A photographer who sets out to explore the polarizing issue of mountain top removal coal mining finds a far more complex story in southern West Virginia. Lauren Schneiderman, who grew up in New York City, hopes her “Living Coal” project will help others see their connection to a rural region and its people.
Daily Yonder: Where did you grow up? Tell us a little about your background.
Lauren Schneiderman: I was born and raised in New York City, in the suburban area of Flushing, Queens. Spending my formative years in Queens, one of the world’s most diverse communities, inspired me to see more of the world. After moving around for a while both nationally and internationally, eventually I ended up at Goucher College in Baltimore, Maryland, where I received a B.A. in women’s studies and international relations and later an M.A. from the Corcoran College of Art and Design in new media photojournalism.
DY: When and how did you start taking photographs?
LS: I began taking photographs in college, after taking an introductory course on darkroom photography. Although I was pursuing a degree in women’s studies, I was drawn to the darkroom process because of the hands-on nature of it. I’ve always enjoyed creating things from scratch, and this seemed to be the perfect medium to fulfill that interest. After college I spent a semester at the Salt Institute for Documentary Studies, an intensive program in documentary storytelling. As I continued to develop my understanding of photography, I realized that visuals can cross cultures and languages, and I wanted to use images as a story-telling device. This realization has led me to the point where I am now, working as a visual-journalist.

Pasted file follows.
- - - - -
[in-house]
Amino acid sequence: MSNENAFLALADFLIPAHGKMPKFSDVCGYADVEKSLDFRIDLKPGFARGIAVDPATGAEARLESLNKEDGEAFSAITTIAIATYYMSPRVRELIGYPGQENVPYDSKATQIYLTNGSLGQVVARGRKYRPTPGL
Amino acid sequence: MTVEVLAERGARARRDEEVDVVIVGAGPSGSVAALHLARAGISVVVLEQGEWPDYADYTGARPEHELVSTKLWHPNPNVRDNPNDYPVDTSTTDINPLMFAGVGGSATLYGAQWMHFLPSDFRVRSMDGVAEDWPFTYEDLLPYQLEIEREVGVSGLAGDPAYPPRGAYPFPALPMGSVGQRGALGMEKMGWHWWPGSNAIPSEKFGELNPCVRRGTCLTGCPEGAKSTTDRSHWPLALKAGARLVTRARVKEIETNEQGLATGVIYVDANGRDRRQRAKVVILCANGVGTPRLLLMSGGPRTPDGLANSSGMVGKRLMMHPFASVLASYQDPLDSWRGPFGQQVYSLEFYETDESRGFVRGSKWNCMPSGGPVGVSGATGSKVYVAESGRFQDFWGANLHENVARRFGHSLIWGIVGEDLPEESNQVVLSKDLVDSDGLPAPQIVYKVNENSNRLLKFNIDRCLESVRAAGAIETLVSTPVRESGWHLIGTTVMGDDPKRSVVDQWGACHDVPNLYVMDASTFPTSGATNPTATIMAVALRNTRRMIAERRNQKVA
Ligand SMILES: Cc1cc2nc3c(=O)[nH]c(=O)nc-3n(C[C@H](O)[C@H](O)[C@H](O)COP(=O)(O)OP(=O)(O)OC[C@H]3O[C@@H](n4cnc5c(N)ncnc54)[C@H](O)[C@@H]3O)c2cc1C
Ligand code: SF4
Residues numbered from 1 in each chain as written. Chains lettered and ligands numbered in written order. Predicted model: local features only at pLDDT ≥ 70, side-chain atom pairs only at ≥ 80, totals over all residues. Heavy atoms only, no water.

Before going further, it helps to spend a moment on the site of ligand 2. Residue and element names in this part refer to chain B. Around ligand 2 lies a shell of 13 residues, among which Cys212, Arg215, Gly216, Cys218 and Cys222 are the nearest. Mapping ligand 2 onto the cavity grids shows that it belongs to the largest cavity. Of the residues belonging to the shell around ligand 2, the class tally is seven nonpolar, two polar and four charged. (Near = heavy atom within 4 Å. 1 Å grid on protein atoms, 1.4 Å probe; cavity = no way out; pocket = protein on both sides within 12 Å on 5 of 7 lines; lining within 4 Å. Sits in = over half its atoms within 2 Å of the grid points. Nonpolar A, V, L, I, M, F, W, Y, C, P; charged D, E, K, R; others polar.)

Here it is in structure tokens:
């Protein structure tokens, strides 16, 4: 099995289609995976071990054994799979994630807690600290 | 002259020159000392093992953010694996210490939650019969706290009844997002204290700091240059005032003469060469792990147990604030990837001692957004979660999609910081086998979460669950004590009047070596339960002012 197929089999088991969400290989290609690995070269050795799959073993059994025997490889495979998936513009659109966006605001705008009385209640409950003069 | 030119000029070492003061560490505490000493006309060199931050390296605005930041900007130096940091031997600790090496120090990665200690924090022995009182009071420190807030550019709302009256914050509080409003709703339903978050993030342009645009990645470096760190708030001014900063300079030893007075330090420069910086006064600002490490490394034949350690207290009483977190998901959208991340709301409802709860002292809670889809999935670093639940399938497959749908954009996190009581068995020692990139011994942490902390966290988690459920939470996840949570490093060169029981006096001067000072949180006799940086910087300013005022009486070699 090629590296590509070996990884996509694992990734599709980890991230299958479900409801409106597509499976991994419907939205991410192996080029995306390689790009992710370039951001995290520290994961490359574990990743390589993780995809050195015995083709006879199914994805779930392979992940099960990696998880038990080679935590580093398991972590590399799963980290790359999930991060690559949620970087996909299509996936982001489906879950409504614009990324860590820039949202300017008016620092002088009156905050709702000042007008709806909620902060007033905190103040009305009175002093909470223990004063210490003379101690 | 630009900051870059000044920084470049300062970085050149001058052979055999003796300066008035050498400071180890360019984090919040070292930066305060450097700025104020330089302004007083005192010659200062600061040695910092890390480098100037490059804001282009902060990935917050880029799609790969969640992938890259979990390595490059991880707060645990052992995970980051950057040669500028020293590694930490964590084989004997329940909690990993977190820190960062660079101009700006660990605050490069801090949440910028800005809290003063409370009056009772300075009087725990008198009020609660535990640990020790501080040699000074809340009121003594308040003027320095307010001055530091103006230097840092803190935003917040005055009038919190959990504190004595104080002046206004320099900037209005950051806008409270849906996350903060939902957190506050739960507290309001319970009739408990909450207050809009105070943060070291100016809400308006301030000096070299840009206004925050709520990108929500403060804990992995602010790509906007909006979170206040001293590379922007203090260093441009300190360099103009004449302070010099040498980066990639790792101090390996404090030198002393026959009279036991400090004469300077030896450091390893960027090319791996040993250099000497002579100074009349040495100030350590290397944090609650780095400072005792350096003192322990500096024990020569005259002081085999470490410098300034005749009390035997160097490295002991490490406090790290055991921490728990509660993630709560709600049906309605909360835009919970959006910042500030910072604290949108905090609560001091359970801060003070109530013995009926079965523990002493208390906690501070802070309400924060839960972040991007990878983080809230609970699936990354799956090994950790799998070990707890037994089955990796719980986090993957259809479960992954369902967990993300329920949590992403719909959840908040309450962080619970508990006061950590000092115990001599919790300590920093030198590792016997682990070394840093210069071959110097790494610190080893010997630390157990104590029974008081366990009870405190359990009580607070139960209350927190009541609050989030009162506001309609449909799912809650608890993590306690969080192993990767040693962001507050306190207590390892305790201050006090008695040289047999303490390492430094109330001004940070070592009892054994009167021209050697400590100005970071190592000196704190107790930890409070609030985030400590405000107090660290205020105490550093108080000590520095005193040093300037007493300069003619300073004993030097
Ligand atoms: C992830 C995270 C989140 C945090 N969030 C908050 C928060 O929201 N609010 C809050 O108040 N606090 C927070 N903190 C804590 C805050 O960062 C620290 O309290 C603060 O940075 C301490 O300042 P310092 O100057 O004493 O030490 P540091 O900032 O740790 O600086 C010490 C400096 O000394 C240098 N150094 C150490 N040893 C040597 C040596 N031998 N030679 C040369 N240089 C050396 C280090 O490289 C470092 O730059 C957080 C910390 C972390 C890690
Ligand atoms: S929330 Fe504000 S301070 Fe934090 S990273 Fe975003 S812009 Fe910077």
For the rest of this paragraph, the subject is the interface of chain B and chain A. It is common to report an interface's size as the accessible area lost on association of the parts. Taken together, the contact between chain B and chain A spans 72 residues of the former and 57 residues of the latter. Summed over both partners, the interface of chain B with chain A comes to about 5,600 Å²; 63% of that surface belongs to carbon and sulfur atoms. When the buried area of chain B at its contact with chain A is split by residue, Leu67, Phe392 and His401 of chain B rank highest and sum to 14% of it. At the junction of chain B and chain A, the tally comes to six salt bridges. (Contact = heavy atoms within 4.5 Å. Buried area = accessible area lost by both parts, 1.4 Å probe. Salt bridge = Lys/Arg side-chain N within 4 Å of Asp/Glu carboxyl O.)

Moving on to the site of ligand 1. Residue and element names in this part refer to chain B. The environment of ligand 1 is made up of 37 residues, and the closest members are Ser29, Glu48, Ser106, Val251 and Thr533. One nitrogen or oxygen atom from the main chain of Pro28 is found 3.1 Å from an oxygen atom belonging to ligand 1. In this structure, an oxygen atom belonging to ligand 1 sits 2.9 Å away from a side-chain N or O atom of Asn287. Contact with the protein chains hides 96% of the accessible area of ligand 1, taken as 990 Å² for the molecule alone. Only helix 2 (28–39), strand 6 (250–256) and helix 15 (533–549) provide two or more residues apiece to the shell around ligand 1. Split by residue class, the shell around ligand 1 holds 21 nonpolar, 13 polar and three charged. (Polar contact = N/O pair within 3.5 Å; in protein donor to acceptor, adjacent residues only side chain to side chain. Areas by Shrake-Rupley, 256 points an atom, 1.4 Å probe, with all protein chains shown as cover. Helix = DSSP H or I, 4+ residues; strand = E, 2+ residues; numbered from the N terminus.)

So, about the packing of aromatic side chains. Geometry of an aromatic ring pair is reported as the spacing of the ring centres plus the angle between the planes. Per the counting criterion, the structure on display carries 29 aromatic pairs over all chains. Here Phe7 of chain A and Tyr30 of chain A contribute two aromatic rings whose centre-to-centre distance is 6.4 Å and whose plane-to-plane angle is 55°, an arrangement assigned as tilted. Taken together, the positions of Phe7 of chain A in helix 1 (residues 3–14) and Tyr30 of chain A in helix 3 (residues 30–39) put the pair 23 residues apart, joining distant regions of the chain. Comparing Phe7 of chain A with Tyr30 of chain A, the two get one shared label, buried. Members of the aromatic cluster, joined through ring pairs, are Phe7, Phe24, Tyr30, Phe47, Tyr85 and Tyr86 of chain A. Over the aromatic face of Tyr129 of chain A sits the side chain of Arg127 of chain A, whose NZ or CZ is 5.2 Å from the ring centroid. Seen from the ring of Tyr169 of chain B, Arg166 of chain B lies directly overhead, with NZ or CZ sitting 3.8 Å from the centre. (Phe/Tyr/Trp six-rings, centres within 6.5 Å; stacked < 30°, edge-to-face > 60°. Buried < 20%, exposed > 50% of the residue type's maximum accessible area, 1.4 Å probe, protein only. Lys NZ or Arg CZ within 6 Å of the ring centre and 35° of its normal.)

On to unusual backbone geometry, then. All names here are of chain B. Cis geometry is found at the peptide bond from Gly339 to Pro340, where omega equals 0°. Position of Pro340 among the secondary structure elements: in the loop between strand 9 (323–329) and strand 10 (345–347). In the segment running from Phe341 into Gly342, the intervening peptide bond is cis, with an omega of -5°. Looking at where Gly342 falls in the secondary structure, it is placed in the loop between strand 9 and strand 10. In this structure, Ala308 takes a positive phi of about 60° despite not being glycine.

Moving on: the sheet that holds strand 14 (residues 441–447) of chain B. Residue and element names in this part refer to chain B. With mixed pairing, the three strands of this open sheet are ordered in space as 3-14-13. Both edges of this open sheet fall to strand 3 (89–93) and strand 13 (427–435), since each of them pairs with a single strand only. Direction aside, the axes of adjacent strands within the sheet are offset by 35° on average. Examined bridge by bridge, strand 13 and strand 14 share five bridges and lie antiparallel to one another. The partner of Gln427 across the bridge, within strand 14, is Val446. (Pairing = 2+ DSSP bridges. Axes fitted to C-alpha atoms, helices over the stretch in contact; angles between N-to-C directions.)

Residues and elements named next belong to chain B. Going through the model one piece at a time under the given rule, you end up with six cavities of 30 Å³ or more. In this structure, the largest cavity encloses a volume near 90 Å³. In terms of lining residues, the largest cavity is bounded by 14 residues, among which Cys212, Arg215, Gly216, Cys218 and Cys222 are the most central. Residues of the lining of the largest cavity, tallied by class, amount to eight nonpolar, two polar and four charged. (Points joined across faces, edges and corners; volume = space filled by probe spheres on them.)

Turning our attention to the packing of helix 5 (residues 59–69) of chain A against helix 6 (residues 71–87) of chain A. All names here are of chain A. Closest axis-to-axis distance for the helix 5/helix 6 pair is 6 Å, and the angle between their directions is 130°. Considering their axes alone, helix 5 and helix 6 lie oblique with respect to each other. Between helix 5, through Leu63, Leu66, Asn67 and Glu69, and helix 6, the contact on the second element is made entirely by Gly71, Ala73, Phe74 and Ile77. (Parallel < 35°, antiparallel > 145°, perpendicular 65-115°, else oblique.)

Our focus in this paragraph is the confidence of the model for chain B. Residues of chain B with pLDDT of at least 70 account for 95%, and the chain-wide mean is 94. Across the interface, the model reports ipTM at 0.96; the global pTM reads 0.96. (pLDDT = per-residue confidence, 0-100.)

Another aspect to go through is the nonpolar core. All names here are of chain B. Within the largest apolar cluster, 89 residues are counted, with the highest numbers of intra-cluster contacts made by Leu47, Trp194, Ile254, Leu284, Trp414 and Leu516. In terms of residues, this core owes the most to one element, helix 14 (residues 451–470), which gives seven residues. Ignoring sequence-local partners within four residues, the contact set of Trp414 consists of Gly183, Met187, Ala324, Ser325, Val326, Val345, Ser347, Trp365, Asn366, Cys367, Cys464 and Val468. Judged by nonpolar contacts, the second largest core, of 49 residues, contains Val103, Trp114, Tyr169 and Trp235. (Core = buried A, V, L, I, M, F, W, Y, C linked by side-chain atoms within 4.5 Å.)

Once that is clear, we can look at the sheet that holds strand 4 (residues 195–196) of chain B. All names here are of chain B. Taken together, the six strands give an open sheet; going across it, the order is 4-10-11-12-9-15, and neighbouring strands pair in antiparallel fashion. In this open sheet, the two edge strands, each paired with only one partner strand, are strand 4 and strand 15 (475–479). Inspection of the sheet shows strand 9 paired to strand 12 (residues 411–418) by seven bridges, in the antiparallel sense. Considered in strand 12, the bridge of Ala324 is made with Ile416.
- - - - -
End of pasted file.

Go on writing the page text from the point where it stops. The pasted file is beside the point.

DY: Where do you live now?
LS: I’m currently based out of Washington, D.C. I moved here in 2011 to begin a master's program at the Corcoran College of Art and Design in new media and photojournalism. I graduated in 2013 and took up full-time residence here because of its thriving photography/storytelling community and all of the opportunities available for people in the industry. Living in D.C. has opened the door for me to work with some incredible people and organizations like the working on a feature length documentary and photographing for The Hill Newspaper, where I cover politics and Capital Hill.
DY: Tell us about your approach to photography.
LS: Honestly I believe that I started photography as a purely selfish act. I used it as a tool to explore my loneliness and as a way to discover where I belonged in the world, and with whom I fit in. Through photography, I’ve found myself in unique and exciting situations around incredible people I never would have met, which has expanded my understanding of the world and myself in relation to it.